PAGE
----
When looking for SSDs, you can easily find that the prices vary a lot; two popular types of SSDs are PCIe SSD and SATA SSD. But which is better for you? If you don’t know, please read the content below which focuses on PCIe SSD vs SATA. Please resort to MiniTool Software to protect your SSD data or solve problems with it.

PCIe SSD vs. SATA: Which Is Better

When planning to buy a new SSD (Solid-State Drive), you must take a lot of factors into consideration:

  • Price
  • Capacity
  • Compatibility
  • Speed
  • Security

Here, I’ll mainly focus on introducing & comparing two different types of SSDs: PCIe SSD vs SATA. After reading the corresponding introduction, you’ll understand which one is better for you: PCIe or SATA.

What Is PCIe SSD

PCI Express SSD, officially abbreviated as PCIe SSD or PCI-e SSD, is a kind of serial computer expansion bus standard with high speed; it is designed to replace the older bus standards including PCI, PCI-X and AGP. PCIe is an interface used on graphics cards, hard drives, SSDs, Wi-Fi and Ethernet hardware.

Graphics cards and network cards are introduced in PCIe SSDs to achieve low latency.

What Is SATA SSD

SATA refers to Serial ATA, which is a computer bus interface used on devices like hard disk drives, optical drives, and solid-state drives; it is released to replace the earlier Parallel ATA for better performance.

PCIe SSD vs SATA

PCIe vs SATA

Please read the following content carefully to get a better understanding of PCIe SSD and SATA SSD. After reading, you may know which one is more suitable for you: PCIe or SATA.

PCIe SSD Market Share Will Be Equal To SATA Drive Market Share.

Advantages of PCIe

A PCIe SSD has the following advantages when compared to SATA SSD.

1. The transfer speed of PCIe is faster.

The transfer speed of PCIe 3.0 is as effective as 985 MB/s per lane; and the potential transfer speeds of all PCIe SSDs are up to 15.76 GB/s, all thanks to the fact that 1x, 4x, 8x, or 16x lanes are fully supported by PCIe devices.

In theory, a PCIe 3.0 provided with 16x lanes is 25-times faster than a SATA 3.0. Yet, you can hardly see a consumer-grade PCIe SSD that owns so many lanes. Actually, the 2x and 4x lanes are common; thus, you may realize a maximum transfer speed of about 3.94 GB/s.

2. PCIe SSDs have better relative performance.

Currently, the most popular form of SSD is SATA 3.0. In theory, its transfer speed is 6 Gb/s (750 MB/s). But in reality, its transfer speed is only 4.8 Gb/s (600MB/s); this is caused by the occurrence of physical overhead during data encoding for transfer. Though 4.8 GB/s is fast enough for home users, it loses the race when you compare it with the PCIe SSDs. All thanks to this, the relative performance of PCIe is better than that of SATA.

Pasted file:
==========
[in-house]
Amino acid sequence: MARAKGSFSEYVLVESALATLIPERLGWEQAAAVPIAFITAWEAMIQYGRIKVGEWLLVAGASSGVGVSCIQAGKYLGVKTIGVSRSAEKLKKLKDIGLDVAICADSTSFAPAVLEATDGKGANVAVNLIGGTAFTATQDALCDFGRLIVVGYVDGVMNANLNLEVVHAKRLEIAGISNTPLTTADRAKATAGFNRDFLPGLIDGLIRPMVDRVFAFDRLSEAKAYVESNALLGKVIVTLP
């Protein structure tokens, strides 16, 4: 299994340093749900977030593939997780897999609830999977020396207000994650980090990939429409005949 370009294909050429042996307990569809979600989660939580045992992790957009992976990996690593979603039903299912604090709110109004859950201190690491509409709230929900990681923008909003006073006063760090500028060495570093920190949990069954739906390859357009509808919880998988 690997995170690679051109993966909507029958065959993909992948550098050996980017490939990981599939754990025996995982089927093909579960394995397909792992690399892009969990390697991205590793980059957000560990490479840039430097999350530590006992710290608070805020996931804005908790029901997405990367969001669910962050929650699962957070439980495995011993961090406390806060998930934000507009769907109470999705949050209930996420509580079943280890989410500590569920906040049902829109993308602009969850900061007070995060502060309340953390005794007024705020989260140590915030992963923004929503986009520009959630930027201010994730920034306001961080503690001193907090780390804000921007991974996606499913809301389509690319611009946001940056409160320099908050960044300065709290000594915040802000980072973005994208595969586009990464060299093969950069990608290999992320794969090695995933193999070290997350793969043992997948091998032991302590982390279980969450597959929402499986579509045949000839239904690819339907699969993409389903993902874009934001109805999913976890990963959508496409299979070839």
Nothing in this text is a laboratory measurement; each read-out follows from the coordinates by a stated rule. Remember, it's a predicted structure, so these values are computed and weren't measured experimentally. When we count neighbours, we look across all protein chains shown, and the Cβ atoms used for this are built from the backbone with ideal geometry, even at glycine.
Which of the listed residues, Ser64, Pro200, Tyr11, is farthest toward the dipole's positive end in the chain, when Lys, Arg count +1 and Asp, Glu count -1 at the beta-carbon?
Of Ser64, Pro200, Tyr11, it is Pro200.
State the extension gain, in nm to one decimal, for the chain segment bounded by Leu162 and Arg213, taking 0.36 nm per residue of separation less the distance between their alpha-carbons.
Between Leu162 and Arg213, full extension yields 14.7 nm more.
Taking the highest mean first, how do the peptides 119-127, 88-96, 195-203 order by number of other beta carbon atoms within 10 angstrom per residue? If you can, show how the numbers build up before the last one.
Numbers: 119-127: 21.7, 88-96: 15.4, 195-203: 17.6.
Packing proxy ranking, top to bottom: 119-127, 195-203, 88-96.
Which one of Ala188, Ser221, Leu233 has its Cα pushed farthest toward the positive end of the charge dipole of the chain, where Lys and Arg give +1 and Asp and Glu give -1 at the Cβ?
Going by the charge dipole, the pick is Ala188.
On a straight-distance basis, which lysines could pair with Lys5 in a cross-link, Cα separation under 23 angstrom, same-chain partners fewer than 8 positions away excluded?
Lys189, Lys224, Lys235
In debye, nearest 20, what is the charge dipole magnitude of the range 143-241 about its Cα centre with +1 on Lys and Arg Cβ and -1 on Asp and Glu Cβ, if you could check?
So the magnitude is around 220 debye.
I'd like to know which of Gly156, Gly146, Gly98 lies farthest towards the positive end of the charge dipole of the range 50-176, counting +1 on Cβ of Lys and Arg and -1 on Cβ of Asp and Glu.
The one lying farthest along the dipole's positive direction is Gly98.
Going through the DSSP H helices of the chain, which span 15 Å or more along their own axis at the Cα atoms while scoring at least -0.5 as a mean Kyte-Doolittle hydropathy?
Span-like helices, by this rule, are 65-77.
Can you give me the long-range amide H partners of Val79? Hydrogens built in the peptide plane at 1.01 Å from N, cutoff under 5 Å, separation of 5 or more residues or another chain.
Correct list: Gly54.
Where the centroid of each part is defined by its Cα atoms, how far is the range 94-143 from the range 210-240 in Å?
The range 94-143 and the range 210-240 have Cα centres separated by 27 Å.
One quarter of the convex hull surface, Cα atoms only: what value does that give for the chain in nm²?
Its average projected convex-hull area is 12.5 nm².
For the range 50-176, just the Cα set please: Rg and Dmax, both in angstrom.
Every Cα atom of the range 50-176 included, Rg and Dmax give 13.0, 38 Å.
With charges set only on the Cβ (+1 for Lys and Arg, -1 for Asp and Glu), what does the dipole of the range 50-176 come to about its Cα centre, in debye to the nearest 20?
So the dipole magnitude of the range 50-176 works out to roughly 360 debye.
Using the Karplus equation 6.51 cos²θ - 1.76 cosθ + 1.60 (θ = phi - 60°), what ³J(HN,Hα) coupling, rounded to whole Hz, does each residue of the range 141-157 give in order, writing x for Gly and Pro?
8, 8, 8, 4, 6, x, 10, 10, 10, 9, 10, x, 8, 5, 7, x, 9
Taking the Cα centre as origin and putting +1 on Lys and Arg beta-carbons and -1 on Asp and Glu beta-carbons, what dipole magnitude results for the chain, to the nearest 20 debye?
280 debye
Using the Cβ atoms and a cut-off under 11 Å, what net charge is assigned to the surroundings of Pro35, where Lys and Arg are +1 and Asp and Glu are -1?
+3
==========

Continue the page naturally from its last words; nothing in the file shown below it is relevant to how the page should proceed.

Advantages of SATA

A SATA SSD has the following advantages when compared to PCIe SSD.

1. The battery life of SATA is longer.

If you just browse the web or do other RAM-heavy activities, you’ll find no difference in the battery life of a PCIe SSD and a SATA SSD. Yet, if you want to transfer a large amount of data (which means your SSD needs to work constantly), the battery consumption of a SATA SSD will be less.

battery life

2. SATA SSDs have better hardware compatibility.

Since SATA appears early, it has a lot of time to make itself one of the most widely-used connection types. That is to say, if you have a SATA SSD, you can let it work on almost all common desktops or laptops.

3. SATA SSDs are cheaper.

Due to the factors mentioned above, SATA SSDs tend to be cheaper than PCIe SSDs. This is an important reason driving home users to choose SATA over PCIe.

After comparing PCIe SSD vs SATA, you should make a choice according to your own actual needs.

What about SSD vs SATA?

SSDs are more expensive and less common when compared to SATA drives (this may change in the future, who knows).

Click here if you're interested in SSD data recovery.

Bonus: M.2 vs U.2

The shape, dimensions, and layouts of a physical device are specified by form factor standards – M.2 and U.2. According to study, I find both standards give support to PCIe and SATA connections.

M.2 is a safer choice for you when you don’t have an idea of which one to choose; that is simply because it is more common. In contrast, U.2 is not so common; it is mainly used in Intel 750 series SSDs.

There is no difference between the regular SATA form factor and the SATA SSD with M.2. However, the introducing of M.2 in a PCIe SSD will change a lot. With a M.2 PCIe SSD, you’re limited to x4 lanes (which is more than enough for a common home user).

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